Author(s): Geloneze B, Tambascia MA, Pilla VF, Geloneze SR, Repetto EM,
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Abstract BACKGROUND: Ghrelin is a newly recognized gastric hormone with orexigenic and adipogenic properties, produced primarily by the stomach. Ghrelin is reduced in obesity. Weight loss is associated with an increase in fasting plasma ghrelin. We assessed the effect of massive weight loss on plasma ghrelin concentrations and its correlation with serum leptin levels and the presence of type 2 diabetes mellitus (DM) in severely obese patients. METHODS: A prospective study was conducted on 28 morbidly obese women (BMI 56.3 +/- 10.2 kg/m2) who underwent gastric bypass, divided into 2 groups: 14 non-diabetics (NGT) and 14 type 2 diabetics (DM2). Ghrelin and leptin were evaluated before silastic ring transected vertical gastric bypass, and again 12 months postoperatively. RESULTS: Fasting plasma ghrelin concentrations were 56\% lower in NGT and 59\% lower in DM2 compared with a lean control group (P < 0.001). There was no difference in ghrelin levels between NGT and DM2 groups before and after surgery (P > 0.05). Ghrelin was negatively correlated with leptin before gastric bypass surgery (r = 0.51, P < 0.01). The mean plasma ghrelin concentration decreased significantly after surgery in both groups (P < 0.001). CONCLUSION: Ghrelin was inversely related to leptin concentrations. Presence of diabetes did not affect the ghrelin pattern. Reduced production of ghrelin after gastric bypass could be partly responsible for the lack of hyperphagia and thus for the weight loss.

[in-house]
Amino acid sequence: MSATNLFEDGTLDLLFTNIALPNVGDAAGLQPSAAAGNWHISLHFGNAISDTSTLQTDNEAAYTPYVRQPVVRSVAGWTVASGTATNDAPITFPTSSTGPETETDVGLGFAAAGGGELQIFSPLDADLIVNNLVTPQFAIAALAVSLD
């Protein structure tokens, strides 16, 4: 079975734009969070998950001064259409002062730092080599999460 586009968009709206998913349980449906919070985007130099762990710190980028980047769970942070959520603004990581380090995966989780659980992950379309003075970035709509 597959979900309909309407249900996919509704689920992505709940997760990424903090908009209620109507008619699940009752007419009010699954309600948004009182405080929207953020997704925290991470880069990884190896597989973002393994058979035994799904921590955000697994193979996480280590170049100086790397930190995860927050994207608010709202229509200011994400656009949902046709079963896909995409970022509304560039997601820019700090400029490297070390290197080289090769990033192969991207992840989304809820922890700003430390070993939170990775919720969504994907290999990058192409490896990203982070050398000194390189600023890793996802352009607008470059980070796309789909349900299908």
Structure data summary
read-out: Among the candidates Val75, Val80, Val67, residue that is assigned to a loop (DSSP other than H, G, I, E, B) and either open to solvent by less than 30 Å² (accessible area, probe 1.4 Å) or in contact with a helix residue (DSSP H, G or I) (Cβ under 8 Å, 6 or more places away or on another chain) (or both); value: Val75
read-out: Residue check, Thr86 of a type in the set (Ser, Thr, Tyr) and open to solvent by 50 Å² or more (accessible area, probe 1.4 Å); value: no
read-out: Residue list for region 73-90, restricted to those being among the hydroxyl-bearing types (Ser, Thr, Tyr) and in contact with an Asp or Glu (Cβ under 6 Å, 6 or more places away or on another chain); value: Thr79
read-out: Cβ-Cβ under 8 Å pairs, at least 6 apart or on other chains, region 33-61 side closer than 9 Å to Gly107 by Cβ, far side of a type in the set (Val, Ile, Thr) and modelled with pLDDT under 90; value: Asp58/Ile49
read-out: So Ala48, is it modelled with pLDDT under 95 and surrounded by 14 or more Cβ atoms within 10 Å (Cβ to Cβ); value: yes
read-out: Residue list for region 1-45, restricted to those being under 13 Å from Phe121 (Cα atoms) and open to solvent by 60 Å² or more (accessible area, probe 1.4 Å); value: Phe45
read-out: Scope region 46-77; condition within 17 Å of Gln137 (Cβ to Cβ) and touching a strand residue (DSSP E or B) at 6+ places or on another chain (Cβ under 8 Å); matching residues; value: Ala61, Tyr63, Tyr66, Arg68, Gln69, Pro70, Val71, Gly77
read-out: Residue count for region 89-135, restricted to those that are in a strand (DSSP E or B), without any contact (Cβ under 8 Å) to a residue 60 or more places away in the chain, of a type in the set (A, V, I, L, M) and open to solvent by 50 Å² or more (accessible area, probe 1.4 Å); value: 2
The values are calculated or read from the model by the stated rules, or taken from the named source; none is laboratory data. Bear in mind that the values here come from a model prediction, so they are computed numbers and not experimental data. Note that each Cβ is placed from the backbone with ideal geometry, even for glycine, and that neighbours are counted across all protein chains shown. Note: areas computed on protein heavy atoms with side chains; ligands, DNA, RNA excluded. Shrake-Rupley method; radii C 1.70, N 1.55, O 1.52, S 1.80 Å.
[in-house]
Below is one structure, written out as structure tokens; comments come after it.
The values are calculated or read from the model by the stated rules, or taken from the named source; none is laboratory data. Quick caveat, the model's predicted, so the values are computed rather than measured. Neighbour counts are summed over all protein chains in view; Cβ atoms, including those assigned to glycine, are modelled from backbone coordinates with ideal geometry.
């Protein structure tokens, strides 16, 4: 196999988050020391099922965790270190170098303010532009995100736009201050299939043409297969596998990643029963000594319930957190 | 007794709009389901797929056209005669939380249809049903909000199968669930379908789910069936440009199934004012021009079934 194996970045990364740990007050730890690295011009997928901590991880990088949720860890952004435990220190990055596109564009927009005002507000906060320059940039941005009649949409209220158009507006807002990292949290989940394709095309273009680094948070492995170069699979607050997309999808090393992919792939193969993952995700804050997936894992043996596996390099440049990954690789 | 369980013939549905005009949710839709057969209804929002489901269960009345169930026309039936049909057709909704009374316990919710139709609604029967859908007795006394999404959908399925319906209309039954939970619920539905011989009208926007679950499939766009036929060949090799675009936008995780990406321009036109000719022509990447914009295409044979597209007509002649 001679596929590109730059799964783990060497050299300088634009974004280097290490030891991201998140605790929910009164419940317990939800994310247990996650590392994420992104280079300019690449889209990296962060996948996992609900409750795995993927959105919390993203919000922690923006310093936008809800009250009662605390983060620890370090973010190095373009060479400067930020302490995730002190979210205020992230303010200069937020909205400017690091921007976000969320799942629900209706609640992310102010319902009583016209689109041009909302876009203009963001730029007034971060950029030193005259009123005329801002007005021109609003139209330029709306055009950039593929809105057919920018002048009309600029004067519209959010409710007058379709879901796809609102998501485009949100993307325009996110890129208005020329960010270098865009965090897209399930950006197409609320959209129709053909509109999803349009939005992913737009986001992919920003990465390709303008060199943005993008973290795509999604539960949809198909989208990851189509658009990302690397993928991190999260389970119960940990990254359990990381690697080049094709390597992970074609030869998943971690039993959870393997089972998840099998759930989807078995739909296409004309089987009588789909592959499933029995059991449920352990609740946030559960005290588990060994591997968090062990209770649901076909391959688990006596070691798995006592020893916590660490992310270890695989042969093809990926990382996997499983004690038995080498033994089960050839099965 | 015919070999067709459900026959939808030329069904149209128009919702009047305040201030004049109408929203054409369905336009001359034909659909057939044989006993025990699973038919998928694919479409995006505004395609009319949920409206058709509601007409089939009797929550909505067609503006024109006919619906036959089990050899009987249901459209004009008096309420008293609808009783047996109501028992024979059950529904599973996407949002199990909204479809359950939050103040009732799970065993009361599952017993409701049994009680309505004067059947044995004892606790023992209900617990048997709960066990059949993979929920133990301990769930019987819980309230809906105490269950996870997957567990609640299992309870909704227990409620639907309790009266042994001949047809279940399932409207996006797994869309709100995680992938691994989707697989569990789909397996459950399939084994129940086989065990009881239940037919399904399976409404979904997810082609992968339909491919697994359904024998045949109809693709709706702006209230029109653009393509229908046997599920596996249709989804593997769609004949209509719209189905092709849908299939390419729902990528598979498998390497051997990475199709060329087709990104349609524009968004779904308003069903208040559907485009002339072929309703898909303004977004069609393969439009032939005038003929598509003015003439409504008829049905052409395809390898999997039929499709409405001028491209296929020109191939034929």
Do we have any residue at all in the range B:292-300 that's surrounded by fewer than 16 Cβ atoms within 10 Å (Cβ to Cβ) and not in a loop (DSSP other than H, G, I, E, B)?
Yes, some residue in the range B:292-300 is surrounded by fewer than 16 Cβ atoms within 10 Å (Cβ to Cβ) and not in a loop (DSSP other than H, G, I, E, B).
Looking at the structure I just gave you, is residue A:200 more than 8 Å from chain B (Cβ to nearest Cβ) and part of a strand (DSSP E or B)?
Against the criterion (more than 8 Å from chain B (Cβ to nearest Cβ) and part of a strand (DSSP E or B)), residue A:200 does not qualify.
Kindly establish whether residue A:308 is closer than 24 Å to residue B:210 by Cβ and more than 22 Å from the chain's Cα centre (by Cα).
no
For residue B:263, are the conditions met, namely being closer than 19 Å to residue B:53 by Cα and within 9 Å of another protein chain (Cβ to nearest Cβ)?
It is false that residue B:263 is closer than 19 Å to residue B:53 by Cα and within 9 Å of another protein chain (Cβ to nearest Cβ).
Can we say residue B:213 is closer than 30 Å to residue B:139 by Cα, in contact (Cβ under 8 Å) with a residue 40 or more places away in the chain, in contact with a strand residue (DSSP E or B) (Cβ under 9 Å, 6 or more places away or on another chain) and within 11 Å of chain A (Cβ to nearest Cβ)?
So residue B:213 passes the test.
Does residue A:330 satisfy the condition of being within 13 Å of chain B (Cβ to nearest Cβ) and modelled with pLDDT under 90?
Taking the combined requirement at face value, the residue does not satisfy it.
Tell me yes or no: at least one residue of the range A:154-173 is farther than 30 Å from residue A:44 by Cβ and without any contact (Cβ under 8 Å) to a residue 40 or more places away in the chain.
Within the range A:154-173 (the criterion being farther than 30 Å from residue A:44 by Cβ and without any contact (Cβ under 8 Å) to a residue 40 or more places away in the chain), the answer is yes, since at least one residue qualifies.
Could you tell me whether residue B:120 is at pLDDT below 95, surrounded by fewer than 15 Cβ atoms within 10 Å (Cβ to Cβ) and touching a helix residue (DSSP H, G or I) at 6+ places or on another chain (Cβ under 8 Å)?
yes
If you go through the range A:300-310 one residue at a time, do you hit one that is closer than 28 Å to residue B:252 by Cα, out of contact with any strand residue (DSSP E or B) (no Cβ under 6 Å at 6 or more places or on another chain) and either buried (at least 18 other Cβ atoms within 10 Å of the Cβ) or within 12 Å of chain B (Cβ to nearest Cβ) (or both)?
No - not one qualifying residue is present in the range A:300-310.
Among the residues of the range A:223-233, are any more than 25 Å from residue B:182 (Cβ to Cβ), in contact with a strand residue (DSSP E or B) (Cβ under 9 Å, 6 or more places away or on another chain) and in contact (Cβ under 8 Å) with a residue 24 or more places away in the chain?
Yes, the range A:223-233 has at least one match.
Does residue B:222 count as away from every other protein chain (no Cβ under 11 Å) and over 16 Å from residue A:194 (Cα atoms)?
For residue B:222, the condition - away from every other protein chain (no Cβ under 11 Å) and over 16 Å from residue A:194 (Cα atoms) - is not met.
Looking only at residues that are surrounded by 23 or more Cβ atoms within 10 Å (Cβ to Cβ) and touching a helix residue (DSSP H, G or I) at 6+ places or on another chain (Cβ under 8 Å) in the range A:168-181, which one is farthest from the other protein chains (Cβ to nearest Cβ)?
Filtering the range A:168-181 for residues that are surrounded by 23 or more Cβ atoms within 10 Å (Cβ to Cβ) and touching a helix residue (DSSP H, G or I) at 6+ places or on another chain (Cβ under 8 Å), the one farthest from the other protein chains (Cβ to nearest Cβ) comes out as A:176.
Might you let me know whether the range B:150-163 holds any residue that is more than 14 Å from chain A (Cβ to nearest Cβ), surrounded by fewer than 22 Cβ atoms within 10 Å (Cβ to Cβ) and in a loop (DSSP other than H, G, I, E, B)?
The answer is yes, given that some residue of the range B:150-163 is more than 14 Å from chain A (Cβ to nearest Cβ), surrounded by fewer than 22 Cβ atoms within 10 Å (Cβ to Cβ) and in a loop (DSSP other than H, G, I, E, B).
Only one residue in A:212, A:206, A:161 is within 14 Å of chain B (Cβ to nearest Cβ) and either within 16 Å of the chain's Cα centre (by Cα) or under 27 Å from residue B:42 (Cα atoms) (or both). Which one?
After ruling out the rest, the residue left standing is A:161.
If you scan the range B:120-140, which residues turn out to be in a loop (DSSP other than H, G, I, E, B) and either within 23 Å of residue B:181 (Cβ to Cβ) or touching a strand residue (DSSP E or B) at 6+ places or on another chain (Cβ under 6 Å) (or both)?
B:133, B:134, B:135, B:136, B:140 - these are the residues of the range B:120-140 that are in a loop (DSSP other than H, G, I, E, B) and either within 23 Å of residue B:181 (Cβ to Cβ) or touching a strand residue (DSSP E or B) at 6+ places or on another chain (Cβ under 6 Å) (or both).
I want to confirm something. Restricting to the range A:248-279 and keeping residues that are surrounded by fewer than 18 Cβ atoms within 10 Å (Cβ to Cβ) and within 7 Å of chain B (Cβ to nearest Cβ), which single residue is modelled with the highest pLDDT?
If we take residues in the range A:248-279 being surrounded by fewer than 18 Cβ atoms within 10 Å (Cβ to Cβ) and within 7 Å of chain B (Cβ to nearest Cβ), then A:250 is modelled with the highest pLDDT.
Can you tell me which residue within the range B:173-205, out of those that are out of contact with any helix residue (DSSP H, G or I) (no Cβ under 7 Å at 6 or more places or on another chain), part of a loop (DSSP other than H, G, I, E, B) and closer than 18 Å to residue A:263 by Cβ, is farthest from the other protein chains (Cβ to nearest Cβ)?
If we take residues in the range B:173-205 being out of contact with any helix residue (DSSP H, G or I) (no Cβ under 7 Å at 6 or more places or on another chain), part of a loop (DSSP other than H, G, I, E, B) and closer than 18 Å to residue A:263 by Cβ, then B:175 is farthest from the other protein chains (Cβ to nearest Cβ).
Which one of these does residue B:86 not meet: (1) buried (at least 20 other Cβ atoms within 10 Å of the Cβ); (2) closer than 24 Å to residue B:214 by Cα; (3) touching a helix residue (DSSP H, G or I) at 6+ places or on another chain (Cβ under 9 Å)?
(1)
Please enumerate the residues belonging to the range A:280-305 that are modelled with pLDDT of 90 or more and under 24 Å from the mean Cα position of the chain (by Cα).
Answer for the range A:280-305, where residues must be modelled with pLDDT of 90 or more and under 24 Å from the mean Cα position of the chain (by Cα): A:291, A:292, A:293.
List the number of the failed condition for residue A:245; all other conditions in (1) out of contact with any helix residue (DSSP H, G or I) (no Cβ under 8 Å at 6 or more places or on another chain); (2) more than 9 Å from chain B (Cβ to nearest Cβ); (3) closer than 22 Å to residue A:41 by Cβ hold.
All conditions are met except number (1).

This article was published in Obes Surg
and referenced in Surgery: Current Research